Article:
In the first post of this series, I proposed that the sacraments of baptism and communion are the nexus point for the evangelical and ecumenical movements. In the following post, I proposed a new orientation for ecumenism – a conciliarity of the cross – with the necessary confession of guilt as the first step towards reconciliation. In this final post, I offer up several suggestions for how evangelical pastors and lay Christians can pursue unity within the fractured church.
Evangelical pastors can practice mutual understanding by looking beyond the particularity of their own perspective on the mode, timing, and efficacy of baptism or the nature of the mystery of the Lord’s Supper and recognizing the sacraments as signs of the gospel. As signs, baptism and communion direct one’s attention beyond themselves to union with Christ. Infant baptism directs one’s attention to our union with Christ who loved us before we ever loved him. Believer’s baptism points towards union with Christ in which we actively count the cost of discipleship. Believer’s baptism and infant baptism can both respectfully learn something from each other. Infant baptism can recognize the necessity of discipleship as the manifestation of union with Christ; while believer’s baptism can recognize that baptism is not something one does to oneself but is a sign of the salvation initiated by God.1
Likewise, variant views of communion can both honor and learn from each other. Those who hold to a memorial view of the Lord’s supper can recognize the biblical theology of the Eucharist in which Christ is instituting a meal that both incorporates and transforms the Passover feast, manna from heaven, and the bread of the presence into the communion meal – a meal in which, as with the bread of the presence, Jesus himself is with his people in a unique way in the Eucharist.2 So also, Christians who hold to a view of the real presence of Christ in the host can learn from their memorial brothers and sisters recognizing that the Eucharist is a sign of the gospel, not the gospel itself. As such it directs our eyes to Jesus, not to the mystery of the sacrament.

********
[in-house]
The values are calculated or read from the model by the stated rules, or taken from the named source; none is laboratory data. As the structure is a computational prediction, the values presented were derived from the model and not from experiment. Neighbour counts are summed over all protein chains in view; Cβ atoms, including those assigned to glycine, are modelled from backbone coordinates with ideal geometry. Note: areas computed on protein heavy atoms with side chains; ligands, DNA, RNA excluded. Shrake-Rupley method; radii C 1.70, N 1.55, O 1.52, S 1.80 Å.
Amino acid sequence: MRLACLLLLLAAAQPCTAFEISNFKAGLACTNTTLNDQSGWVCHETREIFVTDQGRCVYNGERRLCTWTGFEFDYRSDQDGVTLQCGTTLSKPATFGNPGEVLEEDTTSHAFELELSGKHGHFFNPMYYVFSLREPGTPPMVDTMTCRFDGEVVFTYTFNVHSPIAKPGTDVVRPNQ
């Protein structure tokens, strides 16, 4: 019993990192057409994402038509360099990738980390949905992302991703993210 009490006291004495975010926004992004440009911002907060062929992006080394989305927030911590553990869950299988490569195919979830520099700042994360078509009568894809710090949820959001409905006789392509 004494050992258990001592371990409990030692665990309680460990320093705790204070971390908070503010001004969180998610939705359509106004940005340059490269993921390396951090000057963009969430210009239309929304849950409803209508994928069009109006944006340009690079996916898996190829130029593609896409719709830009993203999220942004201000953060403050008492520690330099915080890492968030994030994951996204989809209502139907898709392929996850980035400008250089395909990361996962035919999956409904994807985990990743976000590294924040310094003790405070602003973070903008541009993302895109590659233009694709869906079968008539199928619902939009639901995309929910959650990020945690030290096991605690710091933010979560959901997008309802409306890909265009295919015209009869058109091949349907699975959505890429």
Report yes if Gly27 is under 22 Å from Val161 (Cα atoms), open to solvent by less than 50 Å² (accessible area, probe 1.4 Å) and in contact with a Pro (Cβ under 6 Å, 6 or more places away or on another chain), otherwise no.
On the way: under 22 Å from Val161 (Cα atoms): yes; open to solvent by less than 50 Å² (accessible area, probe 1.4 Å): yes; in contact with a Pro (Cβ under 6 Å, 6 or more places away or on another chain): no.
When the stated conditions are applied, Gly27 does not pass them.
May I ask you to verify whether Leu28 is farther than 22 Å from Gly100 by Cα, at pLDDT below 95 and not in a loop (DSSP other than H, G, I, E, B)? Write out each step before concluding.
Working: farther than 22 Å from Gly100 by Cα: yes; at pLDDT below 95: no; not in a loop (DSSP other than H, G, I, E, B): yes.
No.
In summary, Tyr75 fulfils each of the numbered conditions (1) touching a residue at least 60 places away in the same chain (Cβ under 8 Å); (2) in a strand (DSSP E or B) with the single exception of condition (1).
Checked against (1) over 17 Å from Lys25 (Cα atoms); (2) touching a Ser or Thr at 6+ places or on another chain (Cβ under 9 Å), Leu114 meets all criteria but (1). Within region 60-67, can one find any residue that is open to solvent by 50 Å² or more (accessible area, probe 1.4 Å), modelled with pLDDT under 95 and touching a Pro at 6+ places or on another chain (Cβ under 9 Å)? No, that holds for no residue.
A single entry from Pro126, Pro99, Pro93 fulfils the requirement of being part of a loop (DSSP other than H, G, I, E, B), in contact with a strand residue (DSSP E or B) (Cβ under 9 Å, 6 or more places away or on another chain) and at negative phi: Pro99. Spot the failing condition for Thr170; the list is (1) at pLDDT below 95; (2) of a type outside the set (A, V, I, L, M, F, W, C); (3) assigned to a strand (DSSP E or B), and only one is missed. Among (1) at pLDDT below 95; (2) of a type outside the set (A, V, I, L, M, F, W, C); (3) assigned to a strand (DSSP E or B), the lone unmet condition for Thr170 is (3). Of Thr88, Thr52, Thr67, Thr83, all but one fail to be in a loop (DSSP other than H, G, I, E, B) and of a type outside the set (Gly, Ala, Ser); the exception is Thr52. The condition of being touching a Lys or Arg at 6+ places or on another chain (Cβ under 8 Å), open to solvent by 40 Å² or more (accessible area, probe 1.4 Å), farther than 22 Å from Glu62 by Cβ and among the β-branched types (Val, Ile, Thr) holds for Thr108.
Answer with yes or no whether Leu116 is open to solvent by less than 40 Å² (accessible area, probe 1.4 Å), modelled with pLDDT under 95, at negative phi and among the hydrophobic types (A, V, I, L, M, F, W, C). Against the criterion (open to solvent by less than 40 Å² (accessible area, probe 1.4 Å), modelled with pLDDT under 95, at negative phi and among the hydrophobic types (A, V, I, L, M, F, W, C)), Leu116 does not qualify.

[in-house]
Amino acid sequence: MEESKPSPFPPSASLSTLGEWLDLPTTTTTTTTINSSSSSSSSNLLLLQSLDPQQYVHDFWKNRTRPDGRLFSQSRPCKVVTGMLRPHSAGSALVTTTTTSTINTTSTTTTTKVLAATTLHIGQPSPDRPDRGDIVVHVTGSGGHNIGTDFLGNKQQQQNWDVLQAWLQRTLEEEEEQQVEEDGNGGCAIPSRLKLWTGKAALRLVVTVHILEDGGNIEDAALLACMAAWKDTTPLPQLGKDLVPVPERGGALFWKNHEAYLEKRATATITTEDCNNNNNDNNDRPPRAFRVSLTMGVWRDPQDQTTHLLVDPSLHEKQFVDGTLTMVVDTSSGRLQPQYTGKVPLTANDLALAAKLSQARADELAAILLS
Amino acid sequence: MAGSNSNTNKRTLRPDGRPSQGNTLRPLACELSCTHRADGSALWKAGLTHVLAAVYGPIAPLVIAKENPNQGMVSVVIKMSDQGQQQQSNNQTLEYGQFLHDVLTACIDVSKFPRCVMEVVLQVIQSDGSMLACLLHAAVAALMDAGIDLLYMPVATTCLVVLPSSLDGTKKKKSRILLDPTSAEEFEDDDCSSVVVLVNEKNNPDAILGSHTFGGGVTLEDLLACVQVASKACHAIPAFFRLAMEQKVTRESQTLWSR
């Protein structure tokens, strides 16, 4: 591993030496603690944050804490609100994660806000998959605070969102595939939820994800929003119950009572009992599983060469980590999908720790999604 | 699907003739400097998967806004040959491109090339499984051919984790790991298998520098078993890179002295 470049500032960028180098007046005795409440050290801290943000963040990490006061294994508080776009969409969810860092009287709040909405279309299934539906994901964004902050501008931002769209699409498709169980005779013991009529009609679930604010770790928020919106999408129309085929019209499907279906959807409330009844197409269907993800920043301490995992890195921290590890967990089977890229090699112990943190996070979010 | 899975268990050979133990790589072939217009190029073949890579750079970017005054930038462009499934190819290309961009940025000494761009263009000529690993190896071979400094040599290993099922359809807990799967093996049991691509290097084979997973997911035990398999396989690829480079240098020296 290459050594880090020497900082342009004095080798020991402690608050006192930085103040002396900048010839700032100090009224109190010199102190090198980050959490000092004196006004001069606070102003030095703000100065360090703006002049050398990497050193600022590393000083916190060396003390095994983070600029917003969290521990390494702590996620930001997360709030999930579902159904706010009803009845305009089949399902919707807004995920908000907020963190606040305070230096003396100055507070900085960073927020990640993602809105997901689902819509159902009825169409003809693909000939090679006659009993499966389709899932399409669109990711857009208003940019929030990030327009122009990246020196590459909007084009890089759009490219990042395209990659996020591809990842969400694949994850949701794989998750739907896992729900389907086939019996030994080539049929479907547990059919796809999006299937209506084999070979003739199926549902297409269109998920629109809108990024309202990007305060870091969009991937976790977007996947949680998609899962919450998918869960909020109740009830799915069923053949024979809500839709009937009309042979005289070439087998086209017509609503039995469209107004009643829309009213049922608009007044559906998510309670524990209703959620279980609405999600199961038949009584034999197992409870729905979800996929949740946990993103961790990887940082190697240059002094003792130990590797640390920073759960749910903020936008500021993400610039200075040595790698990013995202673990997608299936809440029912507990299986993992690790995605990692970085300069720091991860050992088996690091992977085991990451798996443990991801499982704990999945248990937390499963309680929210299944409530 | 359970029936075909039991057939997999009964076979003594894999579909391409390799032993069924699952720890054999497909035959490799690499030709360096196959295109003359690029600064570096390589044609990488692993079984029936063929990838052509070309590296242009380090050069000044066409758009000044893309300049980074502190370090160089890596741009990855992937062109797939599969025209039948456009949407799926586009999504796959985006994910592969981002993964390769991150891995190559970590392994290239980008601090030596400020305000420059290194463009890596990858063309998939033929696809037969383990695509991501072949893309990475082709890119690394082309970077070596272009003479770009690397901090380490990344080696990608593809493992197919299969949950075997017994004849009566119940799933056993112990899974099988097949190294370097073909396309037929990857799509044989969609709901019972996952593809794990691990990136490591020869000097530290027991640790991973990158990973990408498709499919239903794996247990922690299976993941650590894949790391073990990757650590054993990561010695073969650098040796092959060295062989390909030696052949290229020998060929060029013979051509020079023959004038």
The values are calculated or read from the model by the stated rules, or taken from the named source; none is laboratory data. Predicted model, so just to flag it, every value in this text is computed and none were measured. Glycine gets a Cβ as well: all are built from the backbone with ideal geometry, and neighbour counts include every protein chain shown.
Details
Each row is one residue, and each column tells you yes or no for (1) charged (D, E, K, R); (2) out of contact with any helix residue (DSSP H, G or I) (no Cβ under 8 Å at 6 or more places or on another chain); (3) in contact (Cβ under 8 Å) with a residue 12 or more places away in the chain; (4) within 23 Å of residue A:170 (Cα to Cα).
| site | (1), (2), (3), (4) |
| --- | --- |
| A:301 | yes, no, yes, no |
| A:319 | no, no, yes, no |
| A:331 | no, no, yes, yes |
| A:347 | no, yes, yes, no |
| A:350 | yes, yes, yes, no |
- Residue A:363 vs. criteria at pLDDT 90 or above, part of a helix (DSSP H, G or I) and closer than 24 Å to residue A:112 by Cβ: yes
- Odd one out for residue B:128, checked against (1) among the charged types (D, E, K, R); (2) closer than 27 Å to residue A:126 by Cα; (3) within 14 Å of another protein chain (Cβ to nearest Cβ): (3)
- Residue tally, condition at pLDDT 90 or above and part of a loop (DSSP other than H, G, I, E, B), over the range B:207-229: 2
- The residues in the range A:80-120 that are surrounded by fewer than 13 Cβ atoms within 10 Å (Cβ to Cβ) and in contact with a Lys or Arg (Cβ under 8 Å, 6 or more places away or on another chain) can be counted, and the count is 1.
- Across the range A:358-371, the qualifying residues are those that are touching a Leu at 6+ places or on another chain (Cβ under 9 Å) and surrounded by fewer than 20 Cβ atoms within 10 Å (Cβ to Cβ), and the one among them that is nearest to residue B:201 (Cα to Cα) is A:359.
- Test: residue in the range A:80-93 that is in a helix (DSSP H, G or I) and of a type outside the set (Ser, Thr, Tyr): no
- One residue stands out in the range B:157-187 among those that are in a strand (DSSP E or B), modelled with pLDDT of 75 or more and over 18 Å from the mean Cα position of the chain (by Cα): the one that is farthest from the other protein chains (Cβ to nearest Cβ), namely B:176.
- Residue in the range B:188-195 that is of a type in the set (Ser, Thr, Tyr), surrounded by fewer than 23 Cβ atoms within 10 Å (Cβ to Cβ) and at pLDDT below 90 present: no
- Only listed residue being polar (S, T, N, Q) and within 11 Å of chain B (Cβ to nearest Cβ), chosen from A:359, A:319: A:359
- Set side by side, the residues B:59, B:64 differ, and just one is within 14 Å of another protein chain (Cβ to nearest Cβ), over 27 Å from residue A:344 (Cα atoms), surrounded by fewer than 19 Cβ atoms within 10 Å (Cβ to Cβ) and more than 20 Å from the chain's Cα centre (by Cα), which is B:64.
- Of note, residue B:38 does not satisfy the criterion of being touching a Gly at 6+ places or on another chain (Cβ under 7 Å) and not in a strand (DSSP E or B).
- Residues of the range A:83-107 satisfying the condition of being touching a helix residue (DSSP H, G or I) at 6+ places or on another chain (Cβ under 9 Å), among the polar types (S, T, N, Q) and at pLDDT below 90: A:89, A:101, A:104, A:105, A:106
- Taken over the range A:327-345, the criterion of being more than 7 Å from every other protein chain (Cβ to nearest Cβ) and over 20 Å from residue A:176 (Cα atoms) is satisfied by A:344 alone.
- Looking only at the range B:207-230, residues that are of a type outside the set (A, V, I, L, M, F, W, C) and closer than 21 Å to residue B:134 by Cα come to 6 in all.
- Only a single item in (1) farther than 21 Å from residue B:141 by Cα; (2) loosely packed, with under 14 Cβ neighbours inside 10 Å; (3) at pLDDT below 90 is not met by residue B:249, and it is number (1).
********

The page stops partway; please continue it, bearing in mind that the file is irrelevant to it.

What we cannot lose sight of is that baptism and communion are not only signs of union with Christ but simultaneously also signs of the unity of the body of Christ. Surely confessing “One Lord, one faith, one baptism” means more than limiting visible unity to those who agree on a certain interpretation of the mysteries of baptism and communion. However, recognizing these sacraments as gospel signs does not mean that our doctrinal convictions no longer matter. What it does mean is that pastors across confessional and denominational lines can recognize one another’s baptisms as valid despite our variant interpretations of the sacraments. The same can be said for the Lord’s supper. Evangelical pastors can honor different understandings of the Eucharist and welcome all who feast on Christ by faith to the Lord’s table. Thereby, our unity as the one body of Christ can be honored without collapsing unity into uniformity.
Lay Christian Ecumenism